Ever since it made an entrance on the digital marketing stage, search engine optimization (SEO) instantly became one of the most important digital strategies in use. And keeping in mind that as much as 68% of all online experiences start with a Google search while 93% of all online traffic comes from Google Search, it is very easy to understand why putting your website on the first page of the SERP has so much importance.
However, this situation is only complicated by the fact that Google's ranking algorithm is constantly evolving and now uses more than 200 different factors for ranking the websites. Small details you don’t always put into the foreground can make or break your SEO strategy.
So, how does UX become another pillar of the digital marketing factor into this story, and can you use this asset to improve your SEO results? Let's try to find out.
Why is UX important for SEO?
We will start this discussion by stating that, at this moment, UX isn't considered one of the immediate factors that influence SERP ranking in any measurable capacity. However, the five fundamentals of UX design do have a main goal of improving the successful Human-Computer Interaction (HCI) which is one of the factors that does have a very important place in the pantheon of ranking determinants.
By ensuring that HCI practices are followed, efficient UX impacts KPIs like bounce rate, time spent on the site, loading time, pages per session, organic CTR, and similar which make the essentials of the SEO. Here is how this relationship works in more specific examples. Effective UX design creates user-friendly and SEO-friendly interfaces.
Although SEO puts much greater focus on the very content than the way that content is displayed to the user, the layout of the website as well as the format of the content (headers, amount of text, etc.) can disrupt the process of SEO.
That is why the goal of UX should be to find a middle ground between these two requirements and:
● Infuse images and other types of visual content to break down walls of text
● Make use of different types of headers
● Make written content organized and easy to digest
● Use different design elements that relate to the written content
UX design simplifies the linking and website navigation
Until recently this was one of the main points where UX design and SEO tend to clash with each other. Namely, the goal of SEO is to develop a rich system of backlinks that encourages very robust website architecture which exactly is something the good practices of UX design are doing their best to avoid.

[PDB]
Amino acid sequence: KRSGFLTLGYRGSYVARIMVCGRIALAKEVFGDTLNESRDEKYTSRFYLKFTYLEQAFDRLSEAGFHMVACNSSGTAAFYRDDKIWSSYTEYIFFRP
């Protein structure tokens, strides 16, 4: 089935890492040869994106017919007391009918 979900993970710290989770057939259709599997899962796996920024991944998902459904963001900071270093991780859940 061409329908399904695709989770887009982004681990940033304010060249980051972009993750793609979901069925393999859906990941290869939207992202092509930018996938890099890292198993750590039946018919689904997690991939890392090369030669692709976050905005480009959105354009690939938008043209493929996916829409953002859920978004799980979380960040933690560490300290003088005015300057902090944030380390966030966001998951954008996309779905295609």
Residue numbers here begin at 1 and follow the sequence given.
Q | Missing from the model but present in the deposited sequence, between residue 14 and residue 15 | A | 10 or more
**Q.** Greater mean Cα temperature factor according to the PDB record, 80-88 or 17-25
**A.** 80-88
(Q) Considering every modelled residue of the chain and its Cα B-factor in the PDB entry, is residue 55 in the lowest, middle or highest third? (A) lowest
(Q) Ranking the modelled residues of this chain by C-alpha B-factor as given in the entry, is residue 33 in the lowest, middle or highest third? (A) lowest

These days, though, the goal of more professional link building services is to rank one page for many related keywords and make that one page as content-rich as possible. This is the situation where effective UX design can be used with much greater efficiency and to the benefit of SEO.
UX design optimizes website loading speeds
We have already briefly touched upon these topics in one of the previous sections, but let us elaborate. The loading time has a great impact on the retention of the users that click on the site.
According to the recent survey, the probability of the so-called bounce (leaving the website immediately after it's opened) rises by 32% as the page loading time increases from 1 to 3 seconds. As much as 50% of visitors expect that website to load within only 2 seconds. Keeping all this in mind it is important to note that the UX design can dramatically influence this ranking signal and bring down the loading speed to the minimum.
UX design can make mobile websites more responsive
The previous decade saw a staggering growth of mobile searches – so much so that no one was really caught off guard when Google started doing mobile-first indexing or in other words, indexing the mobile version of your website instead of the desktop one.
The good practices of UX design, on the other hand, can make this division irrelevant by producing the websites that are suitable for use from both these types of devices. Methods like narrowing down the viewpoint, eliminating pop-ups and needless field forms, and making the fonts larger can help your website fly on different screens and thus improve the ranking.
Using search data to inform UX design and site architecture
For the very end, we have to mention one example where SEO actually improves the UX design and works to its benefit. We have briefly mentioned that SEO is gradually adopting the philosophy where one page will try to capture multiple longtail variations of one keyword.
These requirements can later be used to inform the important UX design decisions like the number of headers, the layout page, visual content, and so on. This means, UX and SEO no longer have to compete with each other but are instead allowed to work in a union and leverage each other's results to mutual benefit.
We hope these few examples give you some general idea about the connections between SEO and UX design and how you can leverage these two seemingly different efforts to create one comprehensive experience that will create an optimal experience for the users. Even though UX is still not considered by the Google algorithms, implementing its practices in a strategic manner can give your SEO plans an entirely new boost.